Australia: Big fall in number of migratory seabirds as rising sea covers vital mudflats

Peta Gilbert Sydney Morning Herald 18 Dec 16;

Birds migrating from the Arctic to Botany Bay for the summer months are dwindling in number due to increasing coastal development and climate change, according to experts.

Philip Straw, an environmental consultant on waterbirds and wetlands, said migration has decreased in the Botany Bay area by more than 40 per cent.

"Some species, like the eastern curlew and curlew sandpiper, have declined by up to 80 per cent," he said. "We need to protect this site because it is so important to the migratory shorebirds."

The construction of a third runway for Sydney Airport and the expansion of Port Botany in 2014 has meant less coastal areas for these endangered birds to roost, he said.

Director of the Centre for Ecosystem Science Richard Kingsford said bird numbers have fallen from 2000 in the 1970s to fewer than 1400 today.

"We have data that has been collected since 1944 and we've been able to monitor the numbers of these birds," he said. "It's developments like the Port Botany expansion that destroy yet another area where migratory birds are declining."

During the Port Botany Expansion, to compensate for the removal of some of the habitat, Sydney Ports renovated and improved areas for the birds, however Professor Kingsford is sceptical that this action mitigated the removal of the birds' original habitat.

Climate change also poses a threat, with the birds feeding on low-lying mudflat areas that are increasingly covered by rising sea levels.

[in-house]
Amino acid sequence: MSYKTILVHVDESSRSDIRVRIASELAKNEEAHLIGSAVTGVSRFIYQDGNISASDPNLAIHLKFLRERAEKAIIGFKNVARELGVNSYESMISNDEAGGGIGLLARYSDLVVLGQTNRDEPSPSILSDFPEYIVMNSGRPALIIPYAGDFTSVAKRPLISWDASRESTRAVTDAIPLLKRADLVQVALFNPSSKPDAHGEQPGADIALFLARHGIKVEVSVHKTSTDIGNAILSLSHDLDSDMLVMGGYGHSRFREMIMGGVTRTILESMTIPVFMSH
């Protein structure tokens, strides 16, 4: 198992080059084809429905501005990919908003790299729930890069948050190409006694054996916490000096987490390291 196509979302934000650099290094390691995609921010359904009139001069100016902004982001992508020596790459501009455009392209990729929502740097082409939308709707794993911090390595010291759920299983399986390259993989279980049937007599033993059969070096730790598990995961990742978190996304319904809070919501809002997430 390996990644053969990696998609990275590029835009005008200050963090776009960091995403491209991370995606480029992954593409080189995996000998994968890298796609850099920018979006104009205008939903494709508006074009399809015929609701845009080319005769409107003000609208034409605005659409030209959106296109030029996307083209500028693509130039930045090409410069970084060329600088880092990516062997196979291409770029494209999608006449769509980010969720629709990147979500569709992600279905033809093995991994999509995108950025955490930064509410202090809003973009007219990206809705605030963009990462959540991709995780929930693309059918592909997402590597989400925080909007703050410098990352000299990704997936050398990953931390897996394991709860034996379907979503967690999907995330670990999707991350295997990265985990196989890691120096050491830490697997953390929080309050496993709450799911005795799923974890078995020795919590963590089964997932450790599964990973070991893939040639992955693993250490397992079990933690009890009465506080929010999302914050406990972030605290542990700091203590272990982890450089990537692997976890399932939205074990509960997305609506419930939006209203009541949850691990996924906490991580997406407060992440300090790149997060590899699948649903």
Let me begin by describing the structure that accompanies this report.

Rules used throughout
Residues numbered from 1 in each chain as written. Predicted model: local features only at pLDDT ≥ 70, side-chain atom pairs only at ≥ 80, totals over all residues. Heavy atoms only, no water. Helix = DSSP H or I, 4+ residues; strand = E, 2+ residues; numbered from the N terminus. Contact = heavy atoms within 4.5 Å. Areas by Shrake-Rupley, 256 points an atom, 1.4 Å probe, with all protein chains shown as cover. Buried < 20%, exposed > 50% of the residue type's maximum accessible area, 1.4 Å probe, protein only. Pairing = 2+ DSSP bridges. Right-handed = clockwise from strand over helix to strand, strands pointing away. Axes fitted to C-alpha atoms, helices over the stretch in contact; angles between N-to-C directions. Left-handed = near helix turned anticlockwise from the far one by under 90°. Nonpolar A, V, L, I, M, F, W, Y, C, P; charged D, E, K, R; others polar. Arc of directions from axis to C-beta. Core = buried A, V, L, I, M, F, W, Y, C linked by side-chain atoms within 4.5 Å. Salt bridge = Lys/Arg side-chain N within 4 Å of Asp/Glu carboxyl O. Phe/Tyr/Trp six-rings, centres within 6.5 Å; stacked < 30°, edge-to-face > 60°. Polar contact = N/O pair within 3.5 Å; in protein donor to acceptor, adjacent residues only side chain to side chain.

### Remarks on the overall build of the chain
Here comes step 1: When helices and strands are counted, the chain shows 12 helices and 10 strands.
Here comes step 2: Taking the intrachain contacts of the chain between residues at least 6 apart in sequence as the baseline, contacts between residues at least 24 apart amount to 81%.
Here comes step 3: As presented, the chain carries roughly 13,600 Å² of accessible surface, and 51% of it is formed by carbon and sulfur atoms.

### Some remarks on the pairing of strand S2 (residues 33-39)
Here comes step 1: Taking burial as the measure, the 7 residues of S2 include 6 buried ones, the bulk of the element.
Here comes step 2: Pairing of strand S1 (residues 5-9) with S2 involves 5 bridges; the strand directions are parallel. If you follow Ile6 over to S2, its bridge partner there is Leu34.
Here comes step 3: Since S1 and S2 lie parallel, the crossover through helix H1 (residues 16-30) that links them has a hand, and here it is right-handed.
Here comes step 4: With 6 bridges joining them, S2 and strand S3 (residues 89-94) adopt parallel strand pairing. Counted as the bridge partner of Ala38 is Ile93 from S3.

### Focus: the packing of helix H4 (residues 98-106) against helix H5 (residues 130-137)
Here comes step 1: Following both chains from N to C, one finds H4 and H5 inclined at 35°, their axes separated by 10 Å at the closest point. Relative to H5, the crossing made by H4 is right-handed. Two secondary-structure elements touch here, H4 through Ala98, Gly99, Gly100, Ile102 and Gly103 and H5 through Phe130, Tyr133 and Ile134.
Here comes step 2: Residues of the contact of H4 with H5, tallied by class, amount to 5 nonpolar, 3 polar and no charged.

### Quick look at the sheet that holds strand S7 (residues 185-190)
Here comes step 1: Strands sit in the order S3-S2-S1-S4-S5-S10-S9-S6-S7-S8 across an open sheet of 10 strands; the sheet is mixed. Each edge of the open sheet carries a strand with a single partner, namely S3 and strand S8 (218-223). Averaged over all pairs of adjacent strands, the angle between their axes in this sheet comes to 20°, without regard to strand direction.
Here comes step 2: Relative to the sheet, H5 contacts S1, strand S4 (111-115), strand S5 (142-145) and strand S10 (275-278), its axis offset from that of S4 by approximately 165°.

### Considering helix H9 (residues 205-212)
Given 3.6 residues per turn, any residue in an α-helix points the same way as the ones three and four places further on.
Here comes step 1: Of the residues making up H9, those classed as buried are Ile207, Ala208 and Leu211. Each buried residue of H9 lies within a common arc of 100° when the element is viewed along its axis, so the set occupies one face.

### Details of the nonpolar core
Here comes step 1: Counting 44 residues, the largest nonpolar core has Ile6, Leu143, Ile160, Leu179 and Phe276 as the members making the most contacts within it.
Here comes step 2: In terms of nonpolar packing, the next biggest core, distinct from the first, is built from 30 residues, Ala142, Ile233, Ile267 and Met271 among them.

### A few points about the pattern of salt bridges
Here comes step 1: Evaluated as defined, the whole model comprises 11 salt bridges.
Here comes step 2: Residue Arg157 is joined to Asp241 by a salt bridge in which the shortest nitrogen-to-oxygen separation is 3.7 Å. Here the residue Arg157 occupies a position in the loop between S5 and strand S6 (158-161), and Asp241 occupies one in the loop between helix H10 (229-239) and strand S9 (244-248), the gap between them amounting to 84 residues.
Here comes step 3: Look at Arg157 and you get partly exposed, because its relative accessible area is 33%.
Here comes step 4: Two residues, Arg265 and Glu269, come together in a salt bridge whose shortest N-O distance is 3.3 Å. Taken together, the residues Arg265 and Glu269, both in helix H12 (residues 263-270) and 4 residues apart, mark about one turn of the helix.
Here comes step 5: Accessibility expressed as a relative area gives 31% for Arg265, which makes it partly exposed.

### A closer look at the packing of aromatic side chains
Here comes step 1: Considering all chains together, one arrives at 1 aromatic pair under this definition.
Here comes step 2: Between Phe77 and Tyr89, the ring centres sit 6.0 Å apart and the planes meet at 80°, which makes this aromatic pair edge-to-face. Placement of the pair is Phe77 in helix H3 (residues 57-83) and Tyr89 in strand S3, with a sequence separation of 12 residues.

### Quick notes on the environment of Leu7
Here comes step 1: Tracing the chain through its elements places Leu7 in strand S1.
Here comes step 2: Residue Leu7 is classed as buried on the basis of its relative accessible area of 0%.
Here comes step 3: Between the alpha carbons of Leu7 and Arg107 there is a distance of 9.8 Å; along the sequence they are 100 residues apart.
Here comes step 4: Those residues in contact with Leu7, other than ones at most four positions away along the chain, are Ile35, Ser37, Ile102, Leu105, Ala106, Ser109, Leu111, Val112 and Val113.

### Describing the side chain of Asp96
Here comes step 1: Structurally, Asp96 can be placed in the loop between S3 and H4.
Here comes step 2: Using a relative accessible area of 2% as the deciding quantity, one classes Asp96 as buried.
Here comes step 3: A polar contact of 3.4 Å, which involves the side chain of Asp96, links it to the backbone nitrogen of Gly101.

"The problem with living in a city like Sydney is that there is limited space, if sea levels rise and encroach we can't push the whole city back, there is limited space to work with in the first place," Professor Kingsford said.

The area, which has been deemed a "wetland of International Importance" for more than 40 years, hosts about 35 species of migratory birds who stay in Botany Bay from September to April each year.

"The birds rely on this area of Towra Point Reserve, particularly when they need to fly home because in order to 'fuel up' they need to put on 60 per cent of their body weight in fat," Mr Straw said. "If there's no land to feed on, they won't have developed enough fat storage meaning they won't attempt the journey home and as a result they don't breed."

According to Mr Straw, joint studies in Botany Bay by BirdLife Australia and NSW National Parks and Wildlife Service have raised concerns about habitat for migratory birds.

Along with a number of other environmental consultants, Mr Straw is hoping to complete a study in 2017 on behalf of the federal government regarding potential solutions to restore the area and prevent any further decline in numbers.

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